I'm trying to translate a poem from English to German, and the missing line is:

I've heard some talk, they say you think I'm fine.

I've rendered They say you think I'm fine as Man sagt du liebst auch mich.

But I need something for I've heard some talk.

Could I use a construction using the word Gerücht?

  • I've corrected the German title of your question. In German there is no title case.
    – splattne
    Commented Jun 13, 2011 at 21:16
  • @splattne: Good to know. Danke.
    – Tom Au
    Commented Jun 13, 2011 at 21:37
  • We say in Austria "das Gemunkel" :)
    – user19546
    Commented Dec 21, 2015 at 14:38

3 Answers 3


My proposal:

Es gibt Gerüchte, ...


Ich hab davon gehört, ...

An elegant translation for "they say" is "es heißt":

Es heißt, du glaubst es gehe mir gut.

  • @splattne: I thought so. But I had just learned the word "Geruchte," two days ago on this site, and wasn't sure how to use it. Thanks. It now reads..."Es gibt Gerucht', Man sagt du liebst auch mich."
    – Tom Au
    Commented Jun 13, 2011 at 21:21
  • But "du liebst mich" means "you love me"; that's quite different than "you think I'm fine", isn't it? Or is it dichterische Freiheit (poetic license)?
    – splattne
    Commented Jun 13, 2011 at 21:26
  • @splattne: Poetic license. Actually, the slang, "You think I'm fine" is an understated, but parallel construction to "This guy's in love with you" in the song. In another translation, I translated You are my life, my love, my all," as "Du bist mein Leben, meine Liebe, mein SCHATZ." (But the previous line was Sommer und Fruhling, Winter und Herbst.) I thought Schatz rhymed better with Herst, than "alle," as well as being more "German."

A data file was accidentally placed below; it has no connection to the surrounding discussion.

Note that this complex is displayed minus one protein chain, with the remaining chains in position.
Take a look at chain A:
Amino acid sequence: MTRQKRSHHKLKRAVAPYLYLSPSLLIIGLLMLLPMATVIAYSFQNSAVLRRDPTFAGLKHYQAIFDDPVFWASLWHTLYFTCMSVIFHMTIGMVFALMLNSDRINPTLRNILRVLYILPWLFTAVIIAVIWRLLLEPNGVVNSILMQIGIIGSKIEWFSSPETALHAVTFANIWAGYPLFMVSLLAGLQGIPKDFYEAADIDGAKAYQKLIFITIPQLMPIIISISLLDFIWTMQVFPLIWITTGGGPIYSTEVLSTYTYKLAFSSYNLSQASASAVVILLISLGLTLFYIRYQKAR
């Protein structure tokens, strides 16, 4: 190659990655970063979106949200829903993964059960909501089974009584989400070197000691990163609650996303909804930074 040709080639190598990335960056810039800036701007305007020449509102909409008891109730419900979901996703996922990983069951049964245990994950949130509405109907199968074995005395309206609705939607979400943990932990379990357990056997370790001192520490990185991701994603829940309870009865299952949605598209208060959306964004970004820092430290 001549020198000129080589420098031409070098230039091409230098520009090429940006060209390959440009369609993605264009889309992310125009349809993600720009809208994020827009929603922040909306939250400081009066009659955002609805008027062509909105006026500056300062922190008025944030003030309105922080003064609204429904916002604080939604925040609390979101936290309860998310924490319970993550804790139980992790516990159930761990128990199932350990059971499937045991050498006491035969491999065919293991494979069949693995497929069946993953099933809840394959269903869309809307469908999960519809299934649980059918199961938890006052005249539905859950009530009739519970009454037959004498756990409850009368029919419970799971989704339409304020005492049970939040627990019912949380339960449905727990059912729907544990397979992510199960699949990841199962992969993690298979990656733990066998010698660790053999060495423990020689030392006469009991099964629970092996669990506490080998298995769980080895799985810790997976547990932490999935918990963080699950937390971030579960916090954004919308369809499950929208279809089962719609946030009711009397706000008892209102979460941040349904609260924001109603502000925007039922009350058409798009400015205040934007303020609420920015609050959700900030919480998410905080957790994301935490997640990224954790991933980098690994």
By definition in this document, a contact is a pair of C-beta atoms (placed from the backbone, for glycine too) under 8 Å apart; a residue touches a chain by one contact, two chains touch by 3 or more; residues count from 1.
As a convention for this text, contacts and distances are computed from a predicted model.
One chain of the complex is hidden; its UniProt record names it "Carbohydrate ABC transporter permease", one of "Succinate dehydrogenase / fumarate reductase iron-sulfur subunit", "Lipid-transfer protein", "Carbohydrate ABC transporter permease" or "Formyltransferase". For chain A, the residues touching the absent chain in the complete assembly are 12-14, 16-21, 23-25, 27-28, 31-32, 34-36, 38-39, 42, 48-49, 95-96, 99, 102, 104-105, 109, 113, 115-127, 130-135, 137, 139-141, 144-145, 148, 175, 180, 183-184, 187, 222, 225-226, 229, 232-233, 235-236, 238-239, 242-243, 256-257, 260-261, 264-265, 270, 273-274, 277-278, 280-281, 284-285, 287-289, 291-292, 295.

– Tom Au
    Commented Jun 13, 2011 at 21:31
  • 4
    @Tom: And you also can't leave away the dots over the "ü" of "Gerüchte". They are not just some adornment to the "u", it's really so that "ü" is a different letter. I can guess that it's non-trivial to get an "ü" on your keyboard, but see this meta post: Wie schreibt man Umlaute und scharfes S auf nichtdeutschen Tastaturen? Commented Jun 14, 2011 at 6:23
  • 1
    @thei Gerüchte does not necessarily have negative touch. For example: "Es gibt Gerüchte, dass im Herbst das neue iPhone erscheinen wird." Though I agree that it's not the most beautiful word to use in a poem.
    – splattne
    Commented Jun 14, 2011 at 7:05

Es heißt,..

I consider a good approach

There is also

Man munkelt...

and also one might use

Sie sagen...

for I've heard some talk, they say.. which implicates the speaker heard it by someone, somehow. Sie does not need to be determined more closely.

  • +1 für munkeln - rettet die vom Aussterben bedrohten Wörter! :)
    – Takkat
    Commented Feb 28, 2014 at 12:13

Ich habe gehört. (standard German)

In Tirol, one would say something like

Ich hob kaeth.

  • Are you sure that this is an idiomatic translation?
    – user6191
    Commented Oct 11, 2014 at 1:05

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